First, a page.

Capital gains tax (CGT) is the tax paid on gains realised on the sale of assets such as land, buildings, dwellings, shares and other property. The rates of CGT are low compared to personal income tax rates with CGT rates on residential property 18% to 28% and all other property at 10% to 20%. This compares to personal tax rates of up to 60%.
In addition, for gains on farmland and buildings, many farming businesses benefit from Business Asset Disposal Relief (BADR), previously known as Entrepreneurs Relief (ER). BADR halves the tax rate to 10% – particularly beneficial when land is sold for development.
In the early stages of the Covid-19 pandemic, we had the spring budget which reduced the BADR lifetime limit from £10M to £1M per individual. Even if we ignore development gains, given the average worth across all UK farms is £1.82M per farm (DEFRA 2018/19), the impact on the sale of farms and farmland is considerable – additional tax due of £100K for each additional £1M of gain. For those with £10M of gains, the tax cost is £900K.
Planning can be put in place to maximise the use of the £1M BADR lifetime limit so, if a sale is planned, advice should be taken over two years in advance of sale.
Against the backdrop of Covid-19, and unpresented Government support, in July Rishi Sunak wrote to the Office of Tax Simplification (OTS) asking for CGT to be reviewed. Whilst CGT receipts are at record levels the number of taxpayers chargeable to CGT has decreased. In addition, 25% of CGT came from disposals qualifying for ER with £2.7bn lost to the relief.
In November the OTS published their first report. The main context of the report was around the boundaries in the tax system – the ability for individuals to arrange their activities in such a way to remove income from higher income tax rates to lower tax rates of CGT. In the main, this would not affect farming businesses, who trade long term before handing the business down. However, it would be aimed at family investment companies and those looking to run a business before selling it on at a gain.
For the majority of farm and estate businesses the main recommendations which would have an impact are:
1. To reduce the tax-free annual exemption from the current £12,300 to £2,000-£4,000. This would bring many more into the charge to CGT and reduce the ability to spread gains over two or more
tax years to reduce CGT.
2. To increase CGT rates. The aim of this would be to reduce the complexity of the various rates in the tax system but also to remove the incentive for taxpayers to arrange their affairs to recharacterise
income as capital gains. Many argued, including the CLA national tax committee, in submitting evidence to the OTS, that an increase to CGT rates would be counterintuitive as it would discourage the sale of assets.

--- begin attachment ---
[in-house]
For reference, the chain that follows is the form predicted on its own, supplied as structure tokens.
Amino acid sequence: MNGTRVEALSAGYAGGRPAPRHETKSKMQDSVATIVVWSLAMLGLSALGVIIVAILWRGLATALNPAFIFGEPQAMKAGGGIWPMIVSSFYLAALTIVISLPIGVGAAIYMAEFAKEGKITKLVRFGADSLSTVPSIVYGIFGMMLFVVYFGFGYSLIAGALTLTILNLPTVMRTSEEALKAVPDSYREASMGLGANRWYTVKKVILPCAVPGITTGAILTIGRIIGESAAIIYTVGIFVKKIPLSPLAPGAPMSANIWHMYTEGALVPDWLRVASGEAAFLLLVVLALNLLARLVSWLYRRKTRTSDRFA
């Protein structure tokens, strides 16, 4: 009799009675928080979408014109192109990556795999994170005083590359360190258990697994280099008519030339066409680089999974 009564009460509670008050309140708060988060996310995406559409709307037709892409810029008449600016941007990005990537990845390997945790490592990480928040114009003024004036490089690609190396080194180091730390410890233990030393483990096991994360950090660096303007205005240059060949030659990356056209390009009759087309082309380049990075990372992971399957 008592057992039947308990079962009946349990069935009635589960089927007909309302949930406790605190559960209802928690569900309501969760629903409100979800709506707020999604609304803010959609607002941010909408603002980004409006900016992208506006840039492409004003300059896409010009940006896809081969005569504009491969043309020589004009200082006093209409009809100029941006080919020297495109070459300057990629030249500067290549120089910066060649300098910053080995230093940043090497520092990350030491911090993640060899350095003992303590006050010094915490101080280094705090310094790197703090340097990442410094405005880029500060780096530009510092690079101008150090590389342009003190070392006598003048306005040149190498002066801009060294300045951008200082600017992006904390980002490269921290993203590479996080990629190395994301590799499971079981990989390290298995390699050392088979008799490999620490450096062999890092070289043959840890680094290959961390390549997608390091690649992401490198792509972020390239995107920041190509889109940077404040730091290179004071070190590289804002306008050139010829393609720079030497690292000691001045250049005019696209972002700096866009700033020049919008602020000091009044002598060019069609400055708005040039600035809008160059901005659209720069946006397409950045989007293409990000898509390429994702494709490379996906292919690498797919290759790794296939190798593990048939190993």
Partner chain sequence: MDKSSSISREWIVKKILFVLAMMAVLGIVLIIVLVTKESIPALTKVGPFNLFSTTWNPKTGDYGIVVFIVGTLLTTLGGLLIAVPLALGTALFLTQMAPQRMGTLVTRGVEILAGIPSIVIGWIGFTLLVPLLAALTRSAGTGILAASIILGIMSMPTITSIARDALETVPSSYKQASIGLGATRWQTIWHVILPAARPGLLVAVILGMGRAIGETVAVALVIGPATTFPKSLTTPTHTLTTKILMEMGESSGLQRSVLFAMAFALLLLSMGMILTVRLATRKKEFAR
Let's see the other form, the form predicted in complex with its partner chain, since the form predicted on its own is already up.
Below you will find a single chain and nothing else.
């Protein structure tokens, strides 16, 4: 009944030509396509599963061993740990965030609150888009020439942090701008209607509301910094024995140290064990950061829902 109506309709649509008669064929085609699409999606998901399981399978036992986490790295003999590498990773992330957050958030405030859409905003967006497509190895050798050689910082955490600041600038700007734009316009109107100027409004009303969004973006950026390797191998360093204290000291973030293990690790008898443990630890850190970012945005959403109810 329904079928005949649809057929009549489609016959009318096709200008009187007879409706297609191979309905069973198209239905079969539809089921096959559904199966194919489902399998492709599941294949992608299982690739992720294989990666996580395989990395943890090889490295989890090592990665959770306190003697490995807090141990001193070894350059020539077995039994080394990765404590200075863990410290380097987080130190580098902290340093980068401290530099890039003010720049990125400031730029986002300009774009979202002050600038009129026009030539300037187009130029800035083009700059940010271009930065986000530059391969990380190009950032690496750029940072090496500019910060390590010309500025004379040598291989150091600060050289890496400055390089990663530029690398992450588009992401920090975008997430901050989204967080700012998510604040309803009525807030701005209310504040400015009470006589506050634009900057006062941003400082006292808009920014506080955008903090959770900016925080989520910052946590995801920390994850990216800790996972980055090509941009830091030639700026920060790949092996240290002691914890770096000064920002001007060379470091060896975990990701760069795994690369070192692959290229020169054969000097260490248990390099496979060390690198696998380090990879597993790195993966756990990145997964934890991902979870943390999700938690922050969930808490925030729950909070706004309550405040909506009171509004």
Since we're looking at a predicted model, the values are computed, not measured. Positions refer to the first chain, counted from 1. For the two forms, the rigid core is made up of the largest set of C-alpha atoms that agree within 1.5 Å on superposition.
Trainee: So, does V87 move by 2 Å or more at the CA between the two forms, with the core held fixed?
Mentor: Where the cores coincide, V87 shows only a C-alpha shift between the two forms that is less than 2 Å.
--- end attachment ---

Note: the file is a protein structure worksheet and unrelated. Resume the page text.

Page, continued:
3. The OTS recommended that, should CGT rates be increased, consideration should also be given to bringing back relief for inflationary gains. Indexation was removed by Gordon Brown in 1998, when CGT rates reduced.
4. In the OTS review of inheritance tax (IHT) they recommended the removal of the market value uplift on death for CGT purposes, where assets qualify for IHT relief. The CGT OTS review has gone further suggesting it is removed entirely, for all assets, apart from the main residence. Therefore, there could be a double charge to tax where assets are sold on or after death. However, they suggested at the same time a broader lifetime gift relief should be introduced to encourage gifting in a lifetime. In addition, the CGT asset base cost date should be brought forward to a more recent date than 31 March 1982 – the report suggests 2000, which would help with the administration and give some relief for inflation since 1982.
5. There was no proposal to scrap holdover relief. Indeed, following lobbying by the CLA national tax committee, the report suggested holdover relief should be extended to a wider class of assets. This would help farms and estates pass assets down during lifetime, without a CGT bill.
The government has a difficult choice sourcing tax rises without affecting employment and the economy negatively or alienating voters. With IHT and CGT in governments sights and with the close interaction of the two taxes calls
into question the opportunity for the government to raise the tax base from these two taxes.
The next budget is on 3 March. This might be too early for major reform and tax rises, not yet being through the pandemic and with still so many to vaccinate. However, it would not be unexpected if there were rises in CGT rates
and further restrictions to BADR in the future.